1 From Technological Innovation to “Situated” Innovation: Improving the Adaptation of Engineering Training to the Societal Challenges of the 21st Century

Since its appearance in Renaissance Europe as a social figure both recognized and promoted [LEM 03], the engineer has been seen as “someone who develops new techniques, signs of progress for society”. At the time, the engineer was embodied by figures such as Leonard da Vinci, a figure situated in the imaginary as standing halfway between a creative genius and a sage. With the evolution of the profession, linked to advances in different technical domains and the implementation of standardized training, the image of the engineer has since evolved to embody a role, which is more technical and skilled than artistic. The engineer maintained a key social role throughout the modern period and up until the 19th Century: creating something new and thus producing progress. According to the dominant ideology of the time, the work of the engineer involves improving the living conditions of the population. Thus, there is the idea of a direct connection between technical innovations and social well-being, as well as a role, and even a moral position or duty of the engineer toward society, which is transmitted to them as part of their education.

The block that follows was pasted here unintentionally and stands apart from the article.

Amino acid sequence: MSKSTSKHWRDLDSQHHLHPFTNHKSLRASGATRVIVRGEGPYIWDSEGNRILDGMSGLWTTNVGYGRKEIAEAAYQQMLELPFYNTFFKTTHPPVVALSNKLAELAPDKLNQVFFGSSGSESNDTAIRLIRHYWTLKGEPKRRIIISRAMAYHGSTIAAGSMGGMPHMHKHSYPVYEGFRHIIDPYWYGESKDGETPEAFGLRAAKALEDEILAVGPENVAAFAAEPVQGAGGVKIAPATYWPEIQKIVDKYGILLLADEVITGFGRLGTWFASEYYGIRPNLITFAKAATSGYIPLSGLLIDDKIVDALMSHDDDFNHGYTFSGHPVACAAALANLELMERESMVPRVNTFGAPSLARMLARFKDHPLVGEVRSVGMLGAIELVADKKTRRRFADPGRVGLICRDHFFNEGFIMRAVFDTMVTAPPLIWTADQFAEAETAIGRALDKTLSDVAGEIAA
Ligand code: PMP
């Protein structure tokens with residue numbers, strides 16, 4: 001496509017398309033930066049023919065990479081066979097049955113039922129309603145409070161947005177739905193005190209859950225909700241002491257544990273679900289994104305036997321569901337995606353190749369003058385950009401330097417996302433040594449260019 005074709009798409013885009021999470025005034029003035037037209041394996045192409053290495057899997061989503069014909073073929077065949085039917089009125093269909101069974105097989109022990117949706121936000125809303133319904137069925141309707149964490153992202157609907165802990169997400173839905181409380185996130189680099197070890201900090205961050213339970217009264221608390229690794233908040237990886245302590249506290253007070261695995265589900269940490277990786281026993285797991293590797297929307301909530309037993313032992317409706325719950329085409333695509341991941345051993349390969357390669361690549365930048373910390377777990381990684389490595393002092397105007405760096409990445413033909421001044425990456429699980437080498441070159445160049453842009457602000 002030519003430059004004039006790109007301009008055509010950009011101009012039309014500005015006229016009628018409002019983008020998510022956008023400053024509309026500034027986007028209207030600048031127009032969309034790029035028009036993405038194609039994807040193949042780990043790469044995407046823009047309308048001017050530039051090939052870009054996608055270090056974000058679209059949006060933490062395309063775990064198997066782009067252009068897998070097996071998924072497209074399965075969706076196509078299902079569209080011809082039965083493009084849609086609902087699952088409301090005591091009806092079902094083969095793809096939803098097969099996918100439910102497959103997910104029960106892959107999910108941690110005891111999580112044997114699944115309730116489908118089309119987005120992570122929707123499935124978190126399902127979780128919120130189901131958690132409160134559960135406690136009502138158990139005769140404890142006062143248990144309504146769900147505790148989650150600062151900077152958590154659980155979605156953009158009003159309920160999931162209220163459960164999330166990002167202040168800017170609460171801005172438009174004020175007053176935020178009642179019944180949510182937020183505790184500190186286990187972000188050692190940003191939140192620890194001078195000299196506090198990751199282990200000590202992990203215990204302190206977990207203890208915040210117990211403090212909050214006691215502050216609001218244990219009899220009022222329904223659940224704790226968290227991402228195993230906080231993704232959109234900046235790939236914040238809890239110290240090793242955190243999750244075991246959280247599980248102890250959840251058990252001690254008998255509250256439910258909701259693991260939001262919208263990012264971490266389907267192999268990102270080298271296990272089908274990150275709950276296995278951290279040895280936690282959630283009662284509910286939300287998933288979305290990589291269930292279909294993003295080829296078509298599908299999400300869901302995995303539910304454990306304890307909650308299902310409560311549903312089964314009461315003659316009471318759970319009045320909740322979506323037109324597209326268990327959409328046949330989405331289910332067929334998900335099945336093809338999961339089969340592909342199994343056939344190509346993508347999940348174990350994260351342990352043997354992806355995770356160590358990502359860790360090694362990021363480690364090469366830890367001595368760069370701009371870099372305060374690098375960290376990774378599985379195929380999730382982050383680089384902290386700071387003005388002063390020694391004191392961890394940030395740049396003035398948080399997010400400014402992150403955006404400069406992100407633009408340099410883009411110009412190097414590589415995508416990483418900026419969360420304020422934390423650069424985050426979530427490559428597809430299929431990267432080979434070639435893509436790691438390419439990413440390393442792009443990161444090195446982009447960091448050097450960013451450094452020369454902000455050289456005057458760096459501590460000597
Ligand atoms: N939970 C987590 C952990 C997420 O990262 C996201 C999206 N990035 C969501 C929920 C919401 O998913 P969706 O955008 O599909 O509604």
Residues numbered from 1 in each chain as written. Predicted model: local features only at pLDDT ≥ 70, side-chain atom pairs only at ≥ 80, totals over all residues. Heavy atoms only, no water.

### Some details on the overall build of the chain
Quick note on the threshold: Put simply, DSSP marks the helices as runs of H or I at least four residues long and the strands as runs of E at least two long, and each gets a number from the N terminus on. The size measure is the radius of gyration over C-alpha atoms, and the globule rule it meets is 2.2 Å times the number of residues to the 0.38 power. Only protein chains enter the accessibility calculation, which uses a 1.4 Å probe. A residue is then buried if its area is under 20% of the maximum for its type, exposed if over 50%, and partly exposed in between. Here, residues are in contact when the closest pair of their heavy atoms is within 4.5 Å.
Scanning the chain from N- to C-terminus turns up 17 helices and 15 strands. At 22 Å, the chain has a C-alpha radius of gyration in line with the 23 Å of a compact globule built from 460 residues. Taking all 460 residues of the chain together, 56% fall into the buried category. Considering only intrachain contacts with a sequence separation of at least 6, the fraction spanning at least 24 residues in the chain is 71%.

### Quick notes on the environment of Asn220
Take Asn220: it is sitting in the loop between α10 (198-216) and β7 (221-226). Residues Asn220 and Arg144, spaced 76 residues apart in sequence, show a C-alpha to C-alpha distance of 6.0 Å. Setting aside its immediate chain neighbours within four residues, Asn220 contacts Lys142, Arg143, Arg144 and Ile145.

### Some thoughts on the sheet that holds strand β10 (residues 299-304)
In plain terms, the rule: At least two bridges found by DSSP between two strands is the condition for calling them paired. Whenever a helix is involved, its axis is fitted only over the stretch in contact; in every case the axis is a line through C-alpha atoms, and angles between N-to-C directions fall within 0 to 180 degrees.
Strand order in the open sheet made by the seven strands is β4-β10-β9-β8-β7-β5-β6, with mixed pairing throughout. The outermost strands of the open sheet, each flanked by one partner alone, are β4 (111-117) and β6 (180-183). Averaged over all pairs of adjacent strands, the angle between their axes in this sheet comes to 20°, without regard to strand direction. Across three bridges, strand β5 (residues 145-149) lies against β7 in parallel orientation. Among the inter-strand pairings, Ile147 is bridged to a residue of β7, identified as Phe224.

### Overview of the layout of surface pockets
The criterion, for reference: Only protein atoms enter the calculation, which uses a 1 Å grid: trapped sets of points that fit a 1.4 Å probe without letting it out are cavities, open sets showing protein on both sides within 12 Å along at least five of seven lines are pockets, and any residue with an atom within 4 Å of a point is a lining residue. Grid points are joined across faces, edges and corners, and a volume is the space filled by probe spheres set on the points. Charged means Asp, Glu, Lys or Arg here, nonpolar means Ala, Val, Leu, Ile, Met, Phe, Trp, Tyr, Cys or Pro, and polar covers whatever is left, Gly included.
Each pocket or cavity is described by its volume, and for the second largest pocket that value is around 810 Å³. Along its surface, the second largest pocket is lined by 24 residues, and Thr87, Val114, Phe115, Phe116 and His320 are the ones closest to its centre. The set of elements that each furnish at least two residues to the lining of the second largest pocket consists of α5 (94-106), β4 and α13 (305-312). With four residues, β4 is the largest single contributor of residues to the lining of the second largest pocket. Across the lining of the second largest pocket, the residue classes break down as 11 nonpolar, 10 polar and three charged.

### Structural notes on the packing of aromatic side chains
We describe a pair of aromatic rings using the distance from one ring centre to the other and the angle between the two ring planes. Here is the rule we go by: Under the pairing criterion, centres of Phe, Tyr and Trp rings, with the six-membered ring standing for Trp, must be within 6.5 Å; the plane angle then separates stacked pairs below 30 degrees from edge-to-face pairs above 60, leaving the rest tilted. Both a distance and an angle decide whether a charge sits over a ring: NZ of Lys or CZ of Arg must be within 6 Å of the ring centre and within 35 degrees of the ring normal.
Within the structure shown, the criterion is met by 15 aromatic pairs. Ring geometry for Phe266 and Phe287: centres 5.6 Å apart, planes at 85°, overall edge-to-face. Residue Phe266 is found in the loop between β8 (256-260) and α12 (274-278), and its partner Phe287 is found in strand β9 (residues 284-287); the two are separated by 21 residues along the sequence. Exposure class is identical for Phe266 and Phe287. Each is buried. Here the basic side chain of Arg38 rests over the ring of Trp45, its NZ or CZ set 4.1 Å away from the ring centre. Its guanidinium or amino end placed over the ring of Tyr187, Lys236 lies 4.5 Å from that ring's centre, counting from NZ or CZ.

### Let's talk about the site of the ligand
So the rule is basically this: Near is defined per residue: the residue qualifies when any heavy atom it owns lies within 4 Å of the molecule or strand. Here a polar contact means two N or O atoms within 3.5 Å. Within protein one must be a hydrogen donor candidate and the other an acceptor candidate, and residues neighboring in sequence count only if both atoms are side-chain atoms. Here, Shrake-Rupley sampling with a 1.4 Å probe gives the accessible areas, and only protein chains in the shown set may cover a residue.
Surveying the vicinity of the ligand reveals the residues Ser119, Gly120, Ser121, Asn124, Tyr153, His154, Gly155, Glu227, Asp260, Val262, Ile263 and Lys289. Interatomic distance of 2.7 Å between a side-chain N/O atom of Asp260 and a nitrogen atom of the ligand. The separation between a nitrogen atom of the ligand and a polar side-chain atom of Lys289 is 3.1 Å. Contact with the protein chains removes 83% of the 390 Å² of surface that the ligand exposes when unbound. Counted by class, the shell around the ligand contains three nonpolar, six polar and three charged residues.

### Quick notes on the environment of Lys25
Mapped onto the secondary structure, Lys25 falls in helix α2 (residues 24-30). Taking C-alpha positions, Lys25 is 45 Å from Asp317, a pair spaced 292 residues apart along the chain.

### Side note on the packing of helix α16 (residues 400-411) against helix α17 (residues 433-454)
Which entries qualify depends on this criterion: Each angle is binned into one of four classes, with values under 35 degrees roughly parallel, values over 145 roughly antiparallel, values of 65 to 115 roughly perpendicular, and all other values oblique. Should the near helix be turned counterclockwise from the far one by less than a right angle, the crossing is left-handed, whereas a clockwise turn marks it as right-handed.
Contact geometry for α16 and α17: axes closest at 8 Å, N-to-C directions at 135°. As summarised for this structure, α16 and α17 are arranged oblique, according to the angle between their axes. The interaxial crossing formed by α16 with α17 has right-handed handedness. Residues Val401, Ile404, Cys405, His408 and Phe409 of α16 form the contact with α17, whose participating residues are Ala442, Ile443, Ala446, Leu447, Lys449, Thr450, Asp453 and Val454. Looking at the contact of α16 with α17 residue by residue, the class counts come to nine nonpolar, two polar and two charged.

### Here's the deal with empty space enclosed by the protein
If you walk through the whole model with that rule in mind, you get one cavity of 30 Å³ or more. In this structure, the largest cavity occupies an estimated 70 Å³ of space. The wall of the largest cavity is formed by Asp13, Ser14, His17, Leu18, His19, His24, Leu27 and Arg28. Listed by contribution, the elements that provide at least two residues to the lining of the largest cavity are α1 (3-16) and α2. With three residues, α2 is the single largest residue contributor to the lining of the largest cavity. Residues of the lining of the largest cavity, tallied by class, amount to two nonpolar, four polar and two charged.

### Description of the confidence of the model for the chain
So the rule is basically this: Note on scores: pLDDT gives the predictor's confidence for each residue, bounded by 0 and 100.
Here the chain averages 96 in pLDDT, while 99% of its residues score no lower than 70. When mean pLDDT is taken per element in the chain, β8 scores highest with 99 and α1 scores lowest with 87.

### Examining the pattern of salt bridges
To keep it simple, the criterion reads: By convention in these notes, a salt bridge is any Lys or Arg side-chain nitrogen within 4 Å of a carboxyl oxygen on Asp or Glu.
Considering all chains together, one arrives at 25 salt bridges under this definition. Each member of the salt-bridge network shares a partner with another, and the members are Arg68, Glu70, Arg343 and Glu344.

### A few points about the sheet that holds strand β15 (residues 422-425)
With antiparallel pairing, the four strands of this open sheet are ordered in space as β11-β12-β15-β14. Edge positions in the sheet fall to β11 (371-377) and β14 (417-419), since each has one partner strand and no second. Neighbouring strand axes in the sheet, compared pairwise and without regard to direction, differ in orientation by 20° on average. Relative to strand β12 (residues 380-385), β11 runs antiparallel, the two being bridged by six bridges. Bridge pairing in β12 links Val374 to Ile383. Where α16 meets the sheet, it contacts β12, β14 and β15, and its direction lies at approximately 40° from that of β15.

From the second half of the 19th Century, the decline of the ideology of Progress has led to increased questioning of the existence of this link between innovation and social well-being, a link ...

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